Potential Republican presidential candidate Jeb Bush and firebrand liberal Senator Elizabeth Warren found a common target this week: The Clinton era, ranging from Bill Clinton's presidency to Hillary Clinton's State Department tenure.
Bush's barbs occurred behind closed doors at a fundraiser for his new political action committee in Greenwich, Conn., on Wednesday. He never mentioned Hillary Clinton by name, according to a person who attended the fundraiser, but he was asked about what many in the room considered President Barack Obama's failed foreign policy. Bush said there would only be one 2016 contender associated with Obama's foreign policy, said the attendee, who declined to be named since the event was closed to the press.
The nod to Hillary Clinton, Obama's top diplomat from 2009 to 2013, comes as Bush moves closer to a White House bid while Clinton continues mulling one.
Bush was also asked about his family connections to the presidency and whether he would have considered running if Clinton weren't likely to join the race, since their shared legacy liabilities could cancel each other out. Bush said his candidacy would be about the future, not the past, according to the attendee. He tried to distinguish himself from the other presidents in his family, saying he loves his father and brother but is a different person. He also quipped about Florida creating more jobs than any other state during his tenure as governor—including Texas, the state his brother led.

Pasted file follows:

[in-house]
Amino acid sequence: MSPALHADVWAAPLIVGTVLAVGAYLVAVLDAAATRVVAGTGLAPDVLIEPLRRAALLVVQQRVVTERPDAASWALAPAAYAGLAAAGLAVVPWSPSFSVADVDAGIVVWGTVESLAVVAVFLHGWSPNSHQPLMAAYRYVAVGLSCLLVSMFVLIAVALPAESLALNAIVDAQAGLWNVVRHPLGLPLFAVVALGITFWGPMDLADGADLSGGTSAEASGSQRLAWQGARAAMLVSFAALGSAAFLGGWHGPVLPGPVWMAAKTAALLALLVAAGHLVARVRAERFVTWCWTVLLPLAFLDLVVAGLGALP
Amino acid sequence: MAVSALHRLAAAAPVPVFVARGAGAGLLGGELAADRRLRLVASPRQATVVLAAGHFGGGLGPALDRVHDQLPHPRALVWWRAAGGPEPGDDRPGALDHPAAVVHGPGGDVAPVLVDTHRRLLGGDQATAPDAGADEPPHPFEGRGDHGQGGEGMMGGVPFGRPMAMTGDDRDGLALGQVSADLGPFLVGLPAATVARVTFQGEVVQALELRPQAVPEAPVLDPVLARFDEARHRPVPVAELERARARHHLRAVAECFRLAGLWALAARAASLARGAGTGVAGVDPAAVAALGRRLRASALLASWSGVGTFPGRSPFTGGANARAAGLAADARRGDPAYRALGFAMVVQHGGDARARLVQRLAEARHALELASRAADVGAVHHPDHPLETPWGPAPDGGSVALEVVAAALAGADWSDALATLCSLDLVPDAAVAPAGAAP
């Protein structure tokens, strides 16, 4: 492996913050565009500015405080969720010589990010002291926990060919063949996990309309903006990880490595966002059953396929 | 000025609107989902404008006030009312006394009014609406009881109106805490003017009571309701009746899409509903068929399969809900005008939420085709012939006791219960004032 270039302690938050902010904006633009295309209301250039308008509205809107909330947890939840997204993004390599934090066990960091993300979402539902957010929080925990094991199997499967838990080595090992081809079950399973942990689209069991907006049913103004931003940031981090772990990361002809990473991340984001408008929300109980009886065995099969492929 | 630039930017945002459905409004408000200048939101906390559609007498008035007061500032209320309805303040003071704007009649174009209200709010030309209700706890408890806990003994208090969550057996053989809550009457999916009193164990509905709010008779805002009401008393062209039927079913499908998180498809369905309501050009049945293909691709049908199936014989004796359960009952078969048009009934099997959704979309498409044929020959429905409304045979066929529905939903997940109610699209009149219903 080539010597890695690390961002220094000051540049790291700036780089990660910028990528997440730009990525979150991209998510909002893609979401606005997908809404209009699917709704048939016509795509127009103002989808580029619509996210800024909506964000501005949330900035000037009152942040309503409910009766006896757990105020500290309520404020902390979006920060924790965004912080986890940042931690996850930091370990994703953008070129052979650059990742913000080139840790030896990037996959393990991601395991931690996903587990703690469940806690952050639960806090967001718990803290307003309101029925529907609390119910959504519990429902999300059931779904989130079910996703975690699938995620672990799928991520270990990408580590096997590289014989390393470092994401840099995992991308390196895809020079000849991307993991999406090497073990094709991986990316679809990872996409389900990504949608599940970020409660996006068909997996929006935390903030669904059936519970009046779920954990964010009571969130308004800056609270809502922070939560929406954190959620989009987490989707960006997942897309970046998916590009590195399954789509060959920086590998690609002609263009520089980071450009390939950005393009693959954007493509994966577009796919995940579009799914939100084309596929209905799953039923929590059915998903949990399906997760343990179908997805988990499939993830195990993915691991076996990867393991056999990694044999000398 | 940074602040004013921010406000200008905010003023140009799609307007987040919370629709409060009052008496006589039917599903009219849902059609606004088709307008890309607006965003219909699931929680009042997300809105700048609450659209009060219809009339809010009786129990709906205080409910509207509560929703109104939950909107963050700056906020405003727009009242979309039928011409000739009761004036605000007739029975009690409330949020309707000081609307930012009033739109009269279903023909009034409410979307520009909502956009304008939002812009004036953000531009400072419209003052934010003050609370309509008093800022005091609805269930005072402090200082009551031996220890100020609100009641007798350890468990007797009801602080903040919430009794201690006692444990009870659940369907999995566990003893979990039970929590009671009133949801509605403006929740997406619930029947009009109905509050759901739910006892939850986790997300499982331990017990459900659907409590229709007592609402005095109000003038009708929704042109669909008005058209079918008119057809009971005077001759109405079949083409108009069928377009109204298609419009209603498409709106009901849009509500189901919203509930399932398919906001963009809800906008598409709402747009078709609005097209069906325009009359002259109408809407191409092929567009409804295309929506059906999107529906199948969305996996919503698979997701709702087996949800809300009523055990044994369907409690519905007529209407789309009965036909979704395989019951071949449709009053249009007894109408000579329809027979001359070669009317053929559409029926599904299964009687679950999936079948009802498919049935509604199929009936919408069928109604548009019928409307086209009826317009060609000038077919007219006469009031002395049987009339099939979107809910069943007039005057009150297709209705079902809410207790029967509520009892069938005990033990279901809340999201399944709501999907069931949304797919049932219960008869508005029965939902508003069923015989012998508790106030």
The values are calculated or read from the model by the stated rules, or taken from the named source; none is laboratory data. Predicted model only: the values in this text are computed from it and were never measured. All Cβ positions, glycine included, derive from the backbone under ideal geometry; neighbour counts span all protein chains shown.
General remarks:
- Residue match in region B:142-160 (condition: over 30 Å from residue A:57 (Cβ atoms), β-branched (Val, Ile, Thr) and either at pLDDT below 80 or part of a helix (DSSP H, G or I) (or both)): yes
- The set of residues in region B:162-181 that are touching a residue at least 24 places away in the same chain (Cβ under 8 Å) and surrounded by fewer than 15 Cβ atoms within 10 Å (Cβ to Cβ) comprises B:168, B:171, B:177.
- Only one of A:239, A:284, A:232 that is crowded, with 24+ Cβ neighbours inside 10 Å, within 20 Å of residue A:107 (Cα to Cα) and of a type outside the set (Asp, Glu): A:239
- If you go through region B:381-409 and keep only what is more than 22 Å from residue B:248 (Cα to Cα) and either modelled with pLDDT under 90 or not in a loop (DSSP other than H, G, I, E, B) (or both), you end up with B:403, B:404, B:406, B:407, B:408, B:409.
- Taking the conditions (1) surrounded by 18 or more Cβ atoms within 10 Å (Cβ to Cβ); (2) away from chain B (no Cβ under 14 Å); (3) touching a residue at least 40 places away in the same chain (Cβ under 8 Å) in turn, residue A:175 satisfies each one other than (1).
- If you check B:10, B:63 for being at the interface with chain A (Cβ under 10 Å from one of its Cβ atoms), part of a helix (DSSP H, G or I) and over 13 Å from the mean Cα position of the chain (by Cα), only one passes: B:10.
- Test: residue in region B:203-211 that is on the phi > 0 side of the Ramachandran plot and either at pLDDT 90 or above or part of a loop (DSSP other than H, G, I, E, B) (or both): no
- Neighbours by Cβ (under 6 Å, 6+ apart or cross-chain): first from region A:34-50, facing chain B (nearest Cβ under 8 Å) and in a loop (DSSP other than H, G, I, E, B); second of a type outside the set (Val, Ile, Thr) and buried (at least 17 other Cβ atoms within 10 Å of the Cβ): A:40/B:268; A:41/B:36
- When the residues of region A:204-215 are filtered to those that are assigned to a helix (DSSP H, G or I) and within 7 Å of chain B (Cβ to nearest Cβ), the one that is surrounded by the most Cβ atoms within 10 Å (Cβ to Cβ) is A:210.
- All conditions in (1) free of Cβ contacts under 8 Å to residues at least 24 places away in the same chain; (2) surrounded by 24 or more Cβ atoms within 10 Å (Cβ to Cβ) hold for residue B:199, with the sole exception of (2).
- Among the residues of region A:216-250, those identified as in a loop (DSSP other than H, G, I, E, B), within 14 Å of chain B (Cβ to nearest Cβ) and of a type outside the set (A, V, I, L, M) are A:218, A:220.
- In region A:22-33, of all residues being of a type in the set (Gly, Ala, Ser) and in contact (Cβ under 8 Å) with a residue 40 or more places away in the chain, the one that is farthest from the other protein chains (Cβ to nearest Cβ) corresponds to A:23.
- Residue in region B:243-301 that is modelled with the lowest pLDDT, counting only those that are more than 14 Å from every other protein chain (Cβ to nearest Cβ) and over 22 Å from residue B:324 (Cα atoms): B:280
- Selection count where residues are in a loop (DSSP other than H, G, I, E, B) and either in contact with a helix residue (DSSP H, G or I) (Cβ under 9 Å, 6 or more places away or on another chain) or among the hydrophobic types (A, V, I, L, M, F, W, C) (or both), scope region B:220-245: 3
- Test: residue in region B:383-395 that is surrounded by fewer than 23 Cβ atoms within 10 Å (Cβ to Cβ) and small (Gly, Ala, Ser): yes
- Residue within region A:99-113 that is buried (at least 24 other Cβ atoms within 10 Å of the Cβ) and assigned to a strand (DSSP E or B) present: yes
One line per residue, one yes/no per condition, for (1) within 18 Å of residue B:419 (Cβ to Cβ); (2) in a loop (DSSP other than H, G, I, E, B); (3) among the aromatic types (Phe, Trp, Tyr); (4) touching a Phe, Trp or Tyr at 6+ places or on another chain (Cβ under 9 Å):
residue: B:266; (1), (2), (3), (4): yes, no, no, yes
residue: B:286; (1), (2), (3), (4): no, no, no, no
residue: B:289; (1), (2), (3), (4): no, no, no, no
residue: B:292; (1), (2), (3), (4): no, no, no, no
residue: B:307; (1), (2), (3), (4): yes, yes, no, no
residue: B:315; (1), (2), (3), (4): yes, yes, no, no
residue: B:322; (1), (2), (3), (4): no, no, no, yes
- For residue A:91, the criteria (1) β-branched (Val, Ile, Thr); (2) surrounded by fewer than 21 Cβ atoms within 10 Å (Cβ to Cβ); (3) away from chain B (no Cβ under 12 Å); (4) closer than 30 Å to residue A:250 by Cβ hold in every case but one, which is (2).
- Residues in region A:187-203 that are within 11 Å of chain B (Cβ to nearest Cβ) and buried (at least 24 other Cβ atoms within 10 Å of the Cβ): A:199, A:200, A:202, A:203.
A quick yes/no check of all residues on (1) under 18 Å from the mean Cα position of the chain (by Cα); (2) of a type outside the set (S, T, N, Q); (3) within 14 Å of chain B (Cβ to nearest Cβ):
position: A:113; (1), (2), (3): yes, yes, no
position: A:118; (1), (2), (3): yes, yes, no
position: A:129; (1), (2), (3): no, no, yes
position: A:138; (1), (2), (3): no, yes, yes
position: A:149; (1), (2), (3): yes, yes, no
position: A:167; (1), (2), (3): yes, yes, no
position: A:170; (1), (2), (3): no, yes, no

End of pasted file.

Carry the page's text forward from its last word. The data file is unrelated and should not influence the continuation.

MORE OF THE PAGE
He repeatedly used the word inclusive to describe how his potential campaign would reach out to groups that haven't flocked to the GOP in the past, specifically Hispanics and Asians, according to the attendee. The fundraiser audience also asked him about his stance on Common Core education standards and immigration, which could be hot-button topics in the Republican primary.
Kristy Campbell, a Bush spokeswoman, declined to comment on his remarks.
Meanwhile in Washington on Wednesday, Warren used a speech to an AFL-CIO summit on raising the minimum wage to highlight a different Clinton's policies. She railed against the “trickle-down economics” that started in the 1980s and slammed the deregulation policies that marked Bill Clinton's presidency. Like Bush, Warren did not mention the Clintons by name.
“Pretty much the whole Republican Party—and, if we’re going to be honest, too many Democrats—talked about the evils of big government and called for deregulation,” Warren said She took pains to make clear who she wasn't talking about: Bush's father. “George Bush Sr. called it voodoo economics,” Warren said. “He was right.”
Her speech reflected the discontent with which many in the audience remember the last few decades. “The top 10 percent got all the growth in income over the past 30 years—all of it—and the economy stopped working for everyone else,” Warren said.